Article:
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Review: Anurag Kashyap’s “Manmarziyaan” Showcases The Messy Reality Of Young Love

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Produced by: Aanand L. Rai, Vikas Bahl, Madhu Mantena and Vikramaditya Motwane

Directed by: Anurag Kashyap

Written by: Kanika Dhillon

Music: Amit Trivedi

Starring: Abhishek Bachchan, Taapsee Pannu, Vicky Kaushal, Ashnoor Kaur, Arun Bali, Neetu Kohli, Saurabh Sachdeva, Vikram Kochhar, Sukhmani Sadana, Poonam Shah, Priyanka Shah, and others.

“Manmarziyaan” is the least violent Anurag Kashyap film till date. In this film, there are no action scenes, not a single fighting scene. But this film dealt with another type of violence – emotional and verbal violence, encountered by young people in real life. This film also depicts the magical power of forgiveness.

Manmarziyaan-Honest Film Review

In the colourful backdrop of Amritsar, Rumi (Taaspee Pannu) and Vicky (Vicky Kaushal) are involved in Fayaar (carnal love) and probably deep love (real love). The family pressures Rumi to settle down with a ‘suitable’ husband, but Rumi wants Vicky to bring his parents and ask her hand in marriage. But their plan doesn’t work. So Rumi gets married to Robbi (Abhishek Bachchan), who is a banker and has recently returned from England.

Vicky has financial constraints and he is not ready to take up responsibilities that come with getting married. The film is a perfect example of the experimental nature of a director, whose description helps you get a deeper insight into a character’s psychology. In its 150-odd minutes, the film’s story does not seem to move forward but leaks through the sides instead. In the middle of the film, you might lose track of the events. Things happen out of nowhere, the way they do in Bollywood movies sometimes, but never in real life. This is a rare film but its made with uncertainty and characters seem to be second-guessing themselves.

The film tries to describe the life of a free-spirited young girl and her complicated love story. Kashyap, working with screenwriter Kanika Dhillon, composer Amit Trivedi and photographer Sylvester Fonseca, seems to have lost himself in the food and graffiti of Amritsar and possibly the slang language of the youth. To work inflow is good, but it seems overwhelming sometimes especially the dancing twins that appear in the music sequences that feel fake even when they are intended to describe Rumi’s dual nature. The nature documentary about the season of simian sex during the first night of the couple was a smart gag, in the otherwise dull movie.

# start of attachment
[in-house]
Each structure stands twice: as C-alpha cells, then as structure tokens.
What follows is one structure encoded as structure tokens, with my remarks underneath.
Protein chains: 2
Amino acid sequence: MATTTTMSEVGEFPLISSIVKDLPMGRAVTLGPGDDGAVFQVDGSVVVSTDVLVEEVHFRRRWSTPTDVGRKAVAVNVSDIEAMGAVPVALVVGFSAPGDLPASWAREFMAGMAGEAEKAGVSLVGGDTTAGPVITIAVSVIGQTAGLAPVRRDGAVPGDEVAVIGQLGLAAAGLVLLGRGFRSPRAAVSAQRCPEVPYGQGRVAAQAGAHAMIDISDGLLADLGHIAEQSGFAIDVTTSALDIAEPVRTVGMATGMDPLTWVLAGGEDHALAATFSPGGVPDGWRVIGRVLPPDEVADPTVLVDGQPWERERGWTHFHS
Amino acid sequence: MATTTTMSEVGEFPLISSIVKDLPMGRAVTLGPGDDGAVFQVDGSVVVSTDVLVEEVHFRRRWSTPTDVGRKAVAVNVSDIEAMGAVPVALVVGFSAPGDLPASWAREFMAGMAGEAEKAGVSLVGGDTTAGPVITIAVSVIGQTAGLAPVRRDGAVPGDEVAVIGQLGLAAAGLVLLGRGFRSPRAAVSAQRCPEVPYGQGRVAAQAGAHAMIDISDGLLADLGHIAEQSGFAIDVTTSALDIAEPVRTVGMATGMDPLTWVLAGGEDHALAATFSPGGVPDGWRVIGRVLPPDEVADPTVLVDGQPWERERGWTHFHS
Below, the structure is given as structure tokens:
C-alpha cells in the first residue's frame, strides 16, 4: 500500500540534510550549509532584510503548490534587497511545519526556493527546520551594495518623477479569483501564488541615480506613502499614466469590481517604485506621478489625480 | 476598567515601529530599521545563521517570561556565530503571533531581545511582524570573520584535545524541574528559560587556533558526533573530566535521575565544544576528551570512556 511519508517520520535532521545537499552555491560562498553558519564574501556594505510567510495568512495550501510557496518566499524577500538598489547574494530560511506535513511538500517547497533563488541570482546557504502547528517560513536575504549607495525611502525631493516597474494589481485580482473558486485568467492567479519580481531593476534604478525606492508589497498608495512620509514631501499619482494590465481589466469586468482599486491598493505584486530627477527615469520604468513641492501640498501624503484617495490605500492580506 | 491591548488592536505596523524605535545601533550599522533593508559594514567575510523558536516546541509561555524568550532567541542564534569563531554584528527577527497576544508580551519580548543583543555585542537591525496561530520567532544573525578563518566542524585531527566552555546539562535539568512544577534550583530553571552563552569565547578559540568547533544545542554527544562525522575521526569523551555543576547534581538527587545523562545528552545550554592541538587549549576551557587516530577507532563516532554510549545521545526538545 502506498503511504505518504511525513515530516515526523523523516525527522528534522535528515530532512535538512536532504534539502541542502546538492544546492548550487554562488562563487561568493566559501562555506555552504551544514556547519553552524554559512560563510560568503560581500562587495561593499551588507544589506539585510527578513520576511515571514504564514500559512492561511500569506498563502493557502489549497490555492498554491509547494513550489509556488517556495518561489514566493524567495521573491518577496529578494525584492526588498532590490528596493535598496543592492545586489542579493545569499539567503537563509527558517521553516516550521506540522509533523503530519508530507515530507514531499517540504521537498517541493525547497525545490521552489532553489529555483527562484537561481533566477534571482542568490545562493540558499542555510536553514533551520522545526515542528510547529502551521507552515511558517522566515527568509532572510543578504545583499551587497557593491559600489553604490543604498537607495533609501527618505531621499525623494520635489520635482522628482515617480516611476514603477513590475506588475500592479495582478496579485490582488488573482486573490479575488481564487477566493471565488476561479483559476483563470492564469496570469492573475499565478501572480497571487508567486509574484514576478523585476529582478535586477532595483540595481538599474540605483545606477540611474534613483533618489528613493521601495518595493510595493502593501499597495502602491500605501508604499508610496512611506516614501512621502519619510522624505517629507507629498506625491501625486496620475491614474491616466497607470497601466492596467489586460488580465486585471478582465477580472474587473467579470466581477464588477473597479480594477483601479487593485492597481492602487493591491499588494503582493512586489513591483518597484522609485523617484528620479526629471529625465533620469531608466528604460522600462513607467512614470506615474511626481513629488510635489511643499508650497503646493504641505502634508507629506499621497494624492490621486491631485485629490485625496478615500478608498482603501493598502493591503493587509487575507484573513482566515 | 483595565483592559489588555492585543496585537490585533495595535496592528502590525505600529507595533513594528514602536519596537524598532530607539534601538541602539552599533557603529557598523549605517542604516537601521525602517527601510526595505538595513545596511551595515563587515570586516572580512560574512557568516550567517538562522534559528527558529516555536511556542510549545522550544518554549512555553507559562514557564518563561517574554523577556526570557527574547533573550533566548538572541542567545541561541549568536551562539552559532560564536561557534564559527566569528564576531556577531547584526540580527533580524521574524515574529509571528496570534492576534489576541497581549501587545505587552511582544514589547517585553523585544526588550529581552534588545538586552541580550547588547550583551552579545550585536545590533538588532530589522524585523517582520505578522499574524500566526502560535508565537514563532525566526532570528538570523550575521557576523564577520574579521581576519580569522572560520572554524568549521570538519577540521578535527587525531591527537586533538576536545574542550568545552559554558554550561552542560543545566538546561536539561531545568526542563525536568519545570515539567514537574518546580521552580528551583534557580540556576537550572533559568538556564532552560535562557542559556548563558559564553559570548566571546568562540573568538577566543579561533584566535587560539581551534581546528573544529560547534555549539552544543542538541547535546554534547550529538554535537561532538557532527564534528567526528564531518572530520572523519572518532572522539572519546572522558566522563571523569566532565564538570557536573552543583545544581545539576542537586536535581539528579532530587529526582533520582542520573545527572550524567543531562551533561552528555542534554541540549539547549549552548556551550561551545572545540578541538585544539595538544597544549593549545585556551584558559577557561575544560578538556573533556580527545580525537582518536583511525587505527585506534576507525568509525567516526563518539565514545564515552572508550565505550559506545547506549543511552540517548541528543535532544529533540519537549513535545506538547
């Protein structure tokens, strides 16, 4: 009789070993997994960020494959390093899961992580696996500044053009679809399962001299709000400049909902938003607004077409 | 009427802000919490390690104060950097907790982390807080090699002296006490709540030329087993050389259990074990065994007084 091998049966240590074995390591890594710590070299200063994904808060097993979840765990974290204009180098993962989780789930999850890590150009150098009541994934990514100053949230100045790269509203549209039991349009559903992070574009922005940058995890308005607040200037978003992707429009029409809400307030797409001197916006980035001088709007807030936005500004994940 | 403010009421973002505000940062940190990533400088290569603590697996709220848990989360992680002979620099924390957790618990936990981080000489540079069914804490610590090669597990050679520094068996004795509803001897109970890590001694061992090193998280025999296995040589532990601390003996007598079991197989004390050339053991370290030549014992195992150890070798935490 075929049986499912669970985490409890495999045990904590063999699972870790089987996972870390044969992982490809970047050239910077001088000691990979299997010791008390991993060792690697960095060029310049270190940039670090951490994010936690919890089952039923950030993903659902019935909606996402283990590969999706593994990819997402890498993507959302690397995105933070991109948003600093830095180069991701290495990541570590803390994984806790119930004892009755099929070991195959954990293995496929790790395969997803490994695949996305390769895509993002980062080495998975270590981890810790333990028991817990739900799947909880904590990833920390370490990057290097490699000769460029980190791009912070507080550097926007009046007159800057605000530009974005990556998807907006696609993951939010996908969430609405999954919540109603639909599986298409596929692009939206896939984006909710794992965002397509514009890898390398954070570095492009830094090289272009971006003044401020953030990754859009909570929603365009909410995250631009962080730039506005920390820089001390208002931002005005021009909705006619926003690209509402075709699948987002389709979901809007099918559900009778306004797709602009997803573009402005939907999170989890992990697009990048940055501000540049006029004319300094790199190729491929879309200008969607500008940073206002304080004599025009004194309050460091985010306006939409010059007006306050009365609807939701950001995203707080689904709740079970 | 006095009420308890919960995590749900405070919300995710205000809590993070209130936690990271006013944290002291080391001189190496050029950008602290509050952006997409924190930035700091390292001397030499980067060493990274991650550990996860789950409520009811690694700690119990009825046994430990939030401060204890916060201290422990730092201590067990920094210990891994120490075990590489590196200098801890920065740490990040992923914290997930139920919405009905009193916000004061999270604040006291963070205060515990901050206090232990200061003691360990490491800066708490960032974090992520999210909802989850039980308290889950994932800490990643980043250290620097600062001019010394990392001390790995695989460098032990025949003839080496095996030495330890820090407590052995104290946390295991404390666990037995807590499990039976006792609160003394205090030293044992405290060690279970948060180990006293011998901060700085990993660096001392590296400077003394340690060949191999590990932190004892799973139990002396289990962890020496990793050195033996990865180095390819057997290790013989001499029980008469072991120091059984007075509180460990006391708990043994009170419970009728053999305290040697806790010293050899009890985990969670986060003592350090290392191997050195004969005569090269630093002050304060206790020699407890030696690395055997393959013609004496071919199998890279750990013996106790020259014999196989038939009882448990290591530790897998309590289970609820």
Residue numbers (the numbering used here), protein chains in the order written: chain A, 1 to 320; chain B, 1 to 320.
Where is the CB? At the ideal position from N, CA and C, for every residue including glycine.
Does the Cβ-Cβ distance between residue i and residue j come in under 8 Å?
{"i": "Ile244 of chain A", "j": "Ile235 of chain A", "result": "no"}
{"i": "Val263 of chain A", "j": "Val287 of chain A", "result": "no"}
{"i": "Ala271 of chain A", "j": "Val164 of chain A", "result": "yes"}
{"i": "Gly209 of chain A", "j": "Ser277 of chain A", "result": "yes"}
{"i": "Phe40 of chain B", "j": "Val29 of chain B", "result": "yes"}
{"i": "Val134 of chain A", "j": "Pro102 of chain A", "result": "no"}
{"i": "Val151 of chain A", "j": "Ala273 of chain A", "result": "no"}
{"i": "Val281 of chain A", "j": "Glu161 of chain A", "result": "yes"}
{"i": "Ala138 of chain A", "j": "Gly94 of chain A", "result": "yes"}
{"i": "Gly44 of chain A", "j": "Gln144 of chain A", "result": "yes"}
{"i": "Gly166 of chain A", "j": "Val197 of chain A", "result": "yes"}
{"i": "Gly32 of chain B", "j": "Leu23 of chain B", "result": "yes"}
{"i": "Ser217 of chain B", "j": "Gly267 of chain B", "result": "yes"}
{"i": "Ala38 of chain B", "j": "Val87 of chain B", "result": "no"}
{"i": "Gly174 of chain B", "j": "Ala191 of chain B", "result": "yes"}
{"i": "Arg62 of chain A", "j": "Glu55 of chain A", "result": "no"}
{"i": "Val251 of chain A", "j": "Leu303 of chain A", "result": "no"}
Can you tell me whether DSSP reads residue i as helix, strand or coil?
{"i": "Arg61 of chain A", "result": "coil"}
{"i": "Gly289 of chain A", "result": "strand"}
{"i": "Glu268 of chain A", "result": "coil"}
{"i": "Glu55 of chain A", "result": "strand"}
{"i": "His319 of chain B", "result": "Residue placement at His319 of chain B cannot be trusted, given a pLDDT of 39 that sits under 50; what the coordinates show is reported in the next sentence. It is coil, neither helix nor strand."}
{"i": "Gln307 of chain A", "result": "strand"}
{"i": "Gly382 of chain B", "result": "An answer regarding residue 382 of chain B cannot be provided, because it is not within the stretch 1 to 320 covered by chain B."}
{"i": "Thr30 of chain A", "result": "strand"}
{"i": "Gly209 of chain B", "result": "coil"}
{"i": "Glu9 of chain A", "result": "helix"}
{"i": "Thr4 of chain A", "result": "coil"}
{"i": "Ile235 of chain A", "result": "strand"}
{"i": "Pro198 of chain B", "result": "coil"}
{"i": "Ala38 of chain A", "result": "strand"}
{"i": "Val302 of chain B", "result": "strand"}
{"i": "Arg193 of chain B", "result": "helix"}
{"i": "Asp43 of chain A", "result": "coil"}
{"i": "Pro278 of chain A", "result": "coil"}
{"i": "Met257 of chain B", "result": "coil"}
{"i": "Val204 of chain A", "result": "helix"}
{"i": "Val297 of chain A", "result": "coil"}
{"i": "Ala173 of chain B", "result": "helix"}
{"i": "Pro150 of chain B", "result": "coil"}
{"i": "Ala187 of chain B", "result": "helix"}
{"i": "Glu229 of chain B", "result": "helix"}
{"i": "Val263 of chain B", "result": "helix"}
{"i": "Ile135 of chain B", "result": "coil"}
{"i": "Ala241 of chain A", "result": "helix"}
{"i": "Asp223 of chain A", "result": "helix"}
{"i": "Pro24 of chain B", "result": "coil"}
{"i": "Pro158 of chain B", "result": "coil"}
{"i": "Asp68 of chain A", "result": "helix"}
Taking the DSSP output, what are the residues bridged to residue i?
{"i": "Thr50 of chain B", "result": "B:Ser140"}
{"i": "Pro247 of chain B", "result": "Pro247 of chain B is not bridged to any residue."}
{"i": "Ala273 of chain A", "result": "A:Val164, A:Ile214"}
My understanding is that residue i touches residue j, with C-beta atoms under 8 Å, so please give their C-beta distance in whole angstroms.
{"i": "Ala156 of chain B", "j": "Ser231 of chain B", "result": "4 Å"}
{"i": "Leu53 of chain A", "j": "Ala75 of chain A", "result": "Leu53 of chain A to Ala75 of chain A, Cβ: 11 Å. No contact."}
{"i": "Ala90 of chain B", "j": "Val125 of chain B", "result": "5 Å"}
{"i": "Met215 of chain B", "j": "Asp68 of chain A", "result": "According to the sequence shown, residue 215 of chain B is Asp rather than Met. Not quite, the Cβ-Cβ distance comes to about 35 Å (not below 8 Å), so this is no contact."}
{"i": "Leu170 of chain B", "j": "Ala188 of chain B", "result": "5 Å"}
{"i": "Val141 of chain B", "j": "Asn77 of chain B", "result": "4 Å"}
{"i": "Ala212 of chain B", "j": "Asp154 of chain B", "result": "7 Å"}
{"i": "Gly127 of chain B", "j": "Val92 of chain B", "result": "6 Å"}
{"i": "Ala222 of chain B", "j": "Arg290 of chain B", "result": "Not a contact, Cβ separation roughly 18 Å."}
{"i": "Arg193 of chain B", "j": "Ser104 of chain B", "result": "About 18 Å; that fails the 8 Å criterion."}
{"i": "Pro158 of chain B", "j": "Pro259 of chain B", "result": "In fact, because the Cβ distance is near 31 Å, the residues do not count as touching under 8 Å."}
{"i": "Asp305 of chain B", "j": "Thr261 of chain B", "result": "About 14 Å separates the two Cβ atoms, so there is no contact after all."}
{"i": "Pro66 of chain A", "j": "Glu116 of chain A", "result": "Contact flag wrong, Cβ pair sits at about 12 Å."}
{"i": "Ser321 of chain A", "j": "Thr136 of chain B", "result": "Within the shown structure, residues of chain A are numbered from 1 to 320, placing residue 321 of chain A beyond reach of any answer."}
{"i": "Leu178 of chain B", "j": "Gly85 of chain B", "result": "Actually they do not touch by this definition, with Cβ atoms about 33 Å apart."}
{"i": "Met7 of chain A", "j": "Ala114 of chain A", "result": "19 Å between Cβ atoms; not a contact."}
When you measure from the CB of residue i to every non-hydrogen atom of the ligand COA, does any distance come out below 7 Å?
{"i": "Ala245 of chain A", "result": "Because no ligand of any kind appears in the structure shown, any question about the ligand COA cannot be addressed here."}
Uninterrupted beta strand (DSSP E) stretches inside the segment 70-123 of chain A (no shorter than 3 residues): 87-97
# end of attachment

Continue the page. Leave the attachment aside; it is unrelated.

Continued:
It is through Robbie, a contestant for the best boy in Hindi film history, that the film has an emotional breakthrough. When Rumi starts warming up to him (it takes a drunken scene, which is a step away from usual Bachchan), Robbie slowly starts getting a hold of his feelings too. “I am happy in this relationship,” he argues. “Why are we discussing this?” – “Because the discussion is good,” he replies. This perhaps is this year’s most sensible dialogue from a Hindi movie.

All this leads to the remarkable final scene. There is no potentially deadly punch, nor a disintegrated body or a bullet-ridden corpse – which is unlikely for an Anurag Kashyap movie. There is only an extended walk and talk, where some issues are resolved and others are wisely left alone. This scene is beautifully written and the acting is great. But a slo-mo shot in one of the music sequences seems like a betrayal to the mood the film is trying to set.

“Mukkabaaz” which was released earlier this year, it was a tough film with a soft centre. In this drama about an aspiring boxer by Kashyap, the unanticipated tenderness of the central romance steals the show. While there is no doubt about the depth of Robbie’s feelings for Rumi, the audience was unable to feel the connection.

Hindi cinema has struggled to portray the romance of the social media generation, a brilliant example is an old director who made “Befikre”(2016).  He terribly fails to connect with the youth and their idea of romance. But “Manmarzian” feels close to the messy reality of youth romance. The central pair hooks up on tinder and removes the app from each other’s phone later. As one of the songs in the film urges: “Zamana hai badla/ mohabbat bhi badli/ ghise pite version nu/ maaro update” ( times have changed/ love’s changed too/ antiquated versions/ need to be updated).